These debates led to a flurry of activity in the early 1980s. When the Trudeau government initiated discussions over the patriation of the constitution, Aboriginal leaders argued (unsuccessfully at first) that they should be represented alongside the provincial premiers at the talks. Failing that, they argued that a section should be added to the proposed Constitution Act that would recognize the existence of Aboriginal rights. These arguments met with considerable resistance from several of the provincial premiers, who in turn argued that no clear definition of Aboriginal rights existed and that agreeing to entrench them in the constitution was tantamount to signing a blank cheque. After some intensive lobbying and considerable debate in the mass media, the government agreed to something of a compromise. Section 35 of the Constitution Act (1982) was created, stating: "The existing aboriginal and treaty rights of the aboriginal peoples of Canada are hereby recognized and affirmed." The next sentence was a clearer victory for the Aboriginal leadership, who had long worked to get beyond the narrow definitions of The Indian Act. "In this Act," it went on, "'aboriginal peoples of Canada' includes the Indian, Inuit and Metis people of Canada."
The hopes of Native leaders that self-government for Aboriginal peoples could be realized were at their highest in 1983 with the release of the report of the Special Parliamentary Committee on Indian Self-Government. The committee, chaired by Liberal MP Keith Penner, stated that Native communities would prefer self-government rather than representation in Canadian legislative bodies. The committee thus recommended that the Indian Act and the Department of Indian Affairs be phased out over an extended time period and replaced by local governments established by Native peoples themselves. Such recommendations, however, required the co-operation of the provincial legislatures, many of which were unwilling to opt for such a radical change. In 1984, the Penner Report fell to the wayside with the election of a Conservative government that was more concerned with finding a solution to the constitutional quagmire than addressing Aboriginal rights.
In that same year, a special parliamentary committee chaired by Liberal MP Keith Penner addressed the question of self-government. Its report, issued in 1983, recommended that the government should recognize that Aboriginal people had a right to self-government and that such a right should be included in the Constitution Act as a safeguard. It also recommended that the Indian Affairs department be replaced by a Ministry of State for First Nations Relations as a final break with the old paternalistic and assimilationist policy. The government appeared ready to move on the proposals, but a draft bill died when an election was called in 1984 and the Liberal government was defeated at the polls.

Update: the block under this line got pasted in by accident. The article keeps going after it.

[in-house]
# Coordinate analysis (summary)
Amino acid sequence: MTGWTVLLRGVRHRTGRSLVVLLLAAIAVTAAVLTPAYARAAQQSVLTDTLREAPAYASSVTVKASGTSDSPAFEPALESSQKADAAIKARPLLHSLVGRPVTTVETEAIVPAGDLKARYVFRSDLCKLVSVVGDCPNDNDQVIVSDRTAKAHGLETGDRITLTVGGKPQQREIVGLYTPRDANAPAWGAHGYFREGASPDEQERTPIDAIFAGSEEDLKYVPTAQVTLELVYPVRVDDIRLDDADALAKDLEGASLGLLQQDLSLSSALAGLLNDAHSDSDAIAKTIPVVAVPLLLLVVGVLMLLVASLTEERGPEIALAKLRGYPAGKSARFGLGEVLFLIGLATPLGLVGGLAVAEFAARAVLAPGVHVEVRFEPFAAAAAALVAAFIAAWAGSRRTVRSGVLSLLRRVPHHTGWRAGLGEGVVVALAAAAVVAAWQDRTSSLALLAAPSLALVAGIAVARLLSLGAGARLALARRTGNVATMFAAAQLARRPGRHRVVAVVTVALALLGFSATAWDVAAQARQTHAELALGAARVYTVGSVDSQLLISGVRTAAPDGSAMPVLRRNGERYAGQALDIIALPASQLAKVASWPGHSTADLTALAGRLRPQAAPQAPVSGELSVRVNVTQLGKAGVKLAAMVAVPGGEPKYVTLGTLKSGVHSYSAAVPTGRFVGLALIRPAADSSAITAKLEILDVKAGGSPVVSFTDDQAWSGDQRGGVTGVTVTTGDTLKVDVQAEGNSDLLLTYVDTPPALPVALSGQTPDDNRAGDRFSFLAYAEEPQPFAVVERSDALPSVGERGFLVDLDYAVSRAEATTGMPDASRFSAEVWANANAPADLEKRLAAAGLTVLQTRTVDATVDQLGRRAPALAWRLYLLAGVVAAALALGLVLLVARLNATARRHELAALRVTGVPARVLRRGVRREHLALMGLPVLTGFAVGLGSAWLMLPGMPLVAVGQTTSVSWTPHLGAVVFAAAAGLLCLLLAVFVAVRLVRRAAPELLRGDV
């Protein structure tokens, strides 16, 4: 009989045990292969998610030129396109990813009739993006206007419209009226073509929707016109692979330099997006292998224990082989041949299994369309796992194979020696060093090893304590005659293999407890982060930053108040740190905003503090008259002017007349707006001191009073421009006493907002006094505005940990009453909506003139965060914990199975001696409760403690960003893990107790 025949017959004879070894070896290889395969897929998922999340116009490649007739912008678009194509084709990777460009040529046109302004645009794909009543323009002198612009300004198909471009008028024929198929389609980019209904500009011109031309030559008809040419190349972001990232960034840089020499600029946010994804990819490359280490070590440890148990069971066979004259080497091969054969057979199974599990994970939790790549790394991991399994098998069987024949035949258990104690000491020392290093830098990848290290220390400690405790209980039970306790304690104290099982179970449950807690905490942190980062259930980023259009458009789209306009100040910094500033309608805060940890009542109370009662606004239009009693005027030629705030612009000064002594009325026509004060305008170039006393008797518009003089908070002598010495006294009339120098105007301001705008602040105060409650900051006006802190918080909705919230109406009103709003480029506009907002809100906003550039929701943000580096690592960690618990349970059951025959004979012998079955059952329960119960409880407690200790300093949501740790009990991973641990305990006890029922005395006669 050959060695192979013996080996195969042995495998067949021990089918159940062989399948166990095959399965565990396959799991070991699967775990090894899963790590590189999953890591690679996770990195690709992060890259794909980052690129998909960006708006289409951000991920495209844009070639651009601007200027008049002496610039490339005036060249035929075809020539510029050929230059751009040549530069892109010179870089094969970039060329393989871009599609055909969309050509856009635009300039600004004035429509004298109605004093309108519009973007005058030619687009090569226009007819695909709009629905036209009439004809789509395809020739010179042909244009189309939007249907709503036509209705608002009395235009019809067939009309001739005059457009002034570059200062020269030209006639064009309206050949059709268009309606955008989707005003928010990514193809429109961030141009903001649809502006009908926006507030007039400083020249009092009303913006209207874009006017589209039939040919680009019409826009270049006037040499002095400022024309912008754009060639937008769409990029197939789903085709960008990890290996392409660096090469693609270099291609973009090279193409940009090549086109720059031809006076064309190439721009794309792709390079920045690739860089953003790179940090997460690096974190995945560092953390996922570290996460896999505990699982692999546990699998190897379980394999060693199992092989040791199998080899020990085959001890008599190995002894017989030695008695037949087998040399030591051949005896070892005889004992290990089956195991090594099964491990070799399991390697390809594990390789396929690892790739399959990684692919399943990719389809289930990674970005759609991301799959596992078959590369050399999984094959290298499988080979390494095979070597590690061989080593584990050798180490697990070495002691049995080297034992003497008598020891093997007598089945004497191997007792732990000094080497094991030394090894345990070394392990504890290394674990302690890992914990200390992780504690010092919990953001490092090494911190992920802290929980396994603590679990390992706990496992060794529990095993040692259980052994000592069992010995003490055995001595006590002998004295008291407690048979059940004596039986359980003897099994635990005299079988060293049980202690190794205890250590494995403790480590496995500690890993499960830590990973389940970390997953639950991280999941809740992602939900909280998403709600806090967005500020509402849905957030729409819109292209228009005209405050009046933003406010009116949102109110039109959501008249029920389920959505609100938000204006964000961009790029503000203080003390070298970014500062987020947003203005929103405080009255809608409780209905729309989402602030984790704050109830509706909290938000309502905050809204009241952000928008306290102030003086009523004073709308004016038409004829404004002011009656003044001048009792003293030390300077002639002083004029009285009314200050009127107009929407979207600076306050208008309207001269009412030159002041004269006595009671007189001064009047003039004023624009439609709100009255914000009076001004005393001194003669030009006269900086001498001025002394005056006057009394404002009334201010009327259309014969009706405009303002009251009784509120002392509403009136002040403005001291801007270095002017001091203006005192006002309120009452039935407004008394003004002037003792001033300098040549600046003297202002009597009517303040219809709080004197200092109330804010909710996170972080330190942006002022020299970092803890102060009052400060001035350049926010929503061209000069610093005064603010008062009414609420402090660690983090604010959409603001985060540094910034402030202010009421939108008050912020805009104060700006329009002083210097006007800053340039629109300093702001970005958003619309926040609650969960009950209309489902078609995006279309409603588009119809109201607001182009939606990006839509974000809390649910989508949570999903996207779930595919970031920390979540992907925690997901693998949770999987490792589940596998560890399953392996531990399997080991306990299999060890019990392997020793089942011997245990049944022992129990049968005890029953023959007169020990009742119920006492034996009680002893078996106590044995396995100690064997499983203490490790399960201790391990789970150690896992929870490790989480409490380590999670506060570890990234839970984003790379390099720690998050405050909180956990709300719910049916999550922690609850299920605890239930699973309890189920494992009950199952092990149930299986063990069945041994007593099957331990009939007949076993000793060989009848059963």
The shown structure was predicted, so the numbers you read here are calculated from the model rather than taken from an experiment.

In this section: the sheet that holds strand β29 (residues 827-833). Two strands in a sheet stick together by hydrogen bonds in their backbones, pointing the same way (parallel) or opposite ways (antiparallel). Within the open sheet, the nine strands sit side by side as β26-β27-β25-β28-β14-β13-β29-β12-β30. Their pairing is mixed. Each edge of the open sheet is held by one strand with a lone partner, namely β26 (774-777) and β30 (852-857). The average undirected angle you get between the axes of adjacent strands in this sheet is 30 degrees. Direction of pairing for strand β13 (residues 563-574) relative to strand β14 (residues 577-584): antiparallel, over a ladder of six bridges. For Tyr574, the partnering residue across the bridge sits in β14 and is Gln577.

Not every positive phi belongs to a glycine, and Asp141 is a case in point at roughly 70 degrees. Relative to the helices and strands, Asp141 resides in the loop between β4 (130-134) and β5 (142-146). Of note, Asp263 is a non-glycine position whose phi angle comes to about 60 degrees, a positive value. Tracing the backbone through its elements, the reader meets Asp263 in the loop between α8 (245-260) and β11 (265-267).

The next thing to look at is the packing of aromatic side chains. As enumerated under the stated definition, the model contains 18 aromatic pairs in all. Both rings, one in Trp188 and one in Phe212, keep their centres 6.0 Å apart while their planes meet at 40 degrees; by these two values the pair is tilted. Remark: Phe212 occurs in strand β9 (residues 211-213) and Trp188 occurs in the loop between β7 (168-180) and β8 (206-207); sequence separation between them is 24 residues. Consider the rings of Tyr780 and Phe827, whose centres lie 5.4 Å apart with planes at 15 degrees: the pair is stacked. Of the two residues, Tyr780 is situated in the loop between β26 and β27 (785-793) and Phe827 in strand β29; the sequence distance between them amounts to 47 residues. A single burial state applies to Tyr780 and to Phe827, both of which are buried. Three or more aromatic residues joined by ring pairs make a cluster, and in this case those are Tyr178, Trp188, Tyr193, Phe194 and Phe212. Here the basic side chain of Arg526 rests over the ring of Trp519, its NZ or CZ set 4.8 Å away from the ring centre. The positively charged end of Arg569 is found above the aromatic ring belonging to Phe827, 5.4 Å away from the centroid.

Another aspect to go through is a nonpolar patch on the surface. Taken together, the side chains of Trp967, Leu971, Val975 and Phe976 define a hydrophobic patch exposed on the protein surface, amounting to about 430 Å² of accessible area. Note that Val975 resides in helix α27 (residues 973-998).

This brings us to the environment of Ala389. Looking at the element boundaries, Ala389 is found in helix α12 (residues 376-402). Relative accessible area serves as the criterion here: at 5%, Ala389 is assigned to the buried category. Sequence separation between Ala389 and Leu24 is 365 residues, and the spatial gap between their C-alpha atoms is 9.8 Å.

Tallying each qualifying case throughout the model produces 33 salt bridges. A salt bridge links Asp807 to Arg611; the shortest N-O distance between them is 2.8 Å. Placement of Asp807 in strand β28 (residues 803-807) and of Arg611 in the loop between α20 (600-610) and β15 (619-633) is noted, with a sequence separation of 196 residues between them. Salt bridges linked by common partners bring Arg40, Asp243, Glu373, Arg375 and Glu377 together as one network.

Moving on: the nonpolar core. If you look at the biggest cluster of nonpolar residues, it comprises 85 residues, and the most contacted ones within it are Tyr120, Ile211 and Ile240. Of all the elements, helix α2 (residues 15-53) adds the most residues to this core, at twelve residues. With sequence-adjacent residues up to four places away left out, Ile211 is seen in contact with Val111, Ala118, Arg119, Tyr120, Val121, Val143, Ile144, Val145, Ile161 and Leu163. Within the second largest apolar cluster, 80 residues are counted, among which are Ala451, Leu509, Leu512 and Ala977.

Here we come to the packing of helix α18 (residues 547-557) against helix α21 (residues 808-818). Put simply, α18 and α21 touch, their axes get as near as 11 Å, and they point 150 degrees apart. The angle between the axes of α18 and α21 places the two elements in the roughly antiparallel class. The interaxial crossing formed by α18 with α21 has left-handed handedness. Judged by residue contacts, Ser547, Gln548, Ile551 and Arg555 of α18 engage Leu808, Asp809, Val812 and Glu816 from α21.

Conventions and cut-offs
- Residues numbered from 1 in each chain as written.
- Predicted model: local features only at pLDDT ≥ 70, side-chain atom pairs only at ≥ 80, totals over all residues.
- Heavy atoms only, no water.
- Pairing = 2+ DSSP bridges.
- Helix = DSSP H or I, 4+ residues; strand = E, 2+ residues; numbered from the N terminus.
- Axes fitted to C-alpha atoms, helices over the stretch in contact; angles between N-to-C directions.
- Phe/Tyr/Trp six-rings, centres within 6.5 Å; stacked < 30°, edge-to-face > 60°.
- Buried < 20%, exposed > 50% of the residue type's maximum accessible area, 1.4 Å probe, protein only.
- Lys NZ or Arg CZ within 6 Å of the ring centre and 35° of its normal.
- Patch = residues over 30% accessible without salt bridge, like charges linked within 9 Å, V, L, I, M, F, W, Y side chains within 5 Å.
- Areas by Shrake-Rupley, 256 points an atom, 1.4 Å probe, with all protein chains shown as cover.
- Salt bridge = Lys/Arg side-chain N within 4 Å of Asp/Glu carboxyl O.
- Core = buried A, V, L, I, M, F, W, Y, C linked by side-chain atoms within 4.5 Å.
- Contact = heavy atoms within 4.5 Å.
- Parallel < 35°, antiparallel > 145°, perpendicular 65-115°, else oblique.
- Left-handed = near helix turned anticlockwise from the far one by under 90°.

Attempts to achieve Native self-government encountered a stumbling block with the election of a Conservative national government in 1984. Concentration was focused on the constitutional problem, and federal attention was directed toward the negotiation of the Meech Lake Accord. Under the accord, which had been agreed upon by the Prime Minister and the provincial premiers, the province of Quebec would be constitutionally recognized as a distinct society. For it to take effect, however, the agreement required ratification by the provincial legislatures within three years. Native representatives had been shut out of the constitutional discussions, and Native leaders were discouraged by this evidence that their concerns were less important than those of other special groups in Canada. Elijah Harper, an NDP member of the Manitoba Legislature and Chief of the Oji-Cree band of Red Sucker Lake, objected to the government's actions and was in a position to do something about it. With time running out, Harper chose to withhold his vote from the unanimous consent required to override the standard parliamentary procedure and allow a vote on the accord to be held. Supported in his actions by the Speaker of the Manitoba Legislature, Harper prevented Manitoba from considering the accord, thereby effectively defeating it. In doing so, he served notice that the Aboriginal peoples of Canada would not be ignored in the constitutional restructuring of the nation. Harper's defeat of Meech Lake took place in June of 1990, adding to the emotional tension during the Oka crisis in Quebec that began the next month.
Meanwhile, Native leaders were pursuing changes in another forum. Although they had been excluded from the first round of constitutional talks, Native delegates attended the 1983 First Ministers’ Conference but were unable to convince the politicians to recognize their arguments about self-government. At the third conference in 1987, frustration mounted when the ministers devised the Meech Lake Accord, a constitutional proposal that recognized Quebec as a distinct society. Why were politicians willing to acknowledge Quebec’s claims, when similar calls from Native leaders went unheeded? When the Manitoba Legislature met to ratify the Accord, Elijah Harper, a representative from northern Manitoba, and the sole Native member of the house, refused to vote. Without unanimous consent of the provinces by the deadline date, the Meech Lake Accord died. Native people across the country acclaimed Elijah Harper as a hero.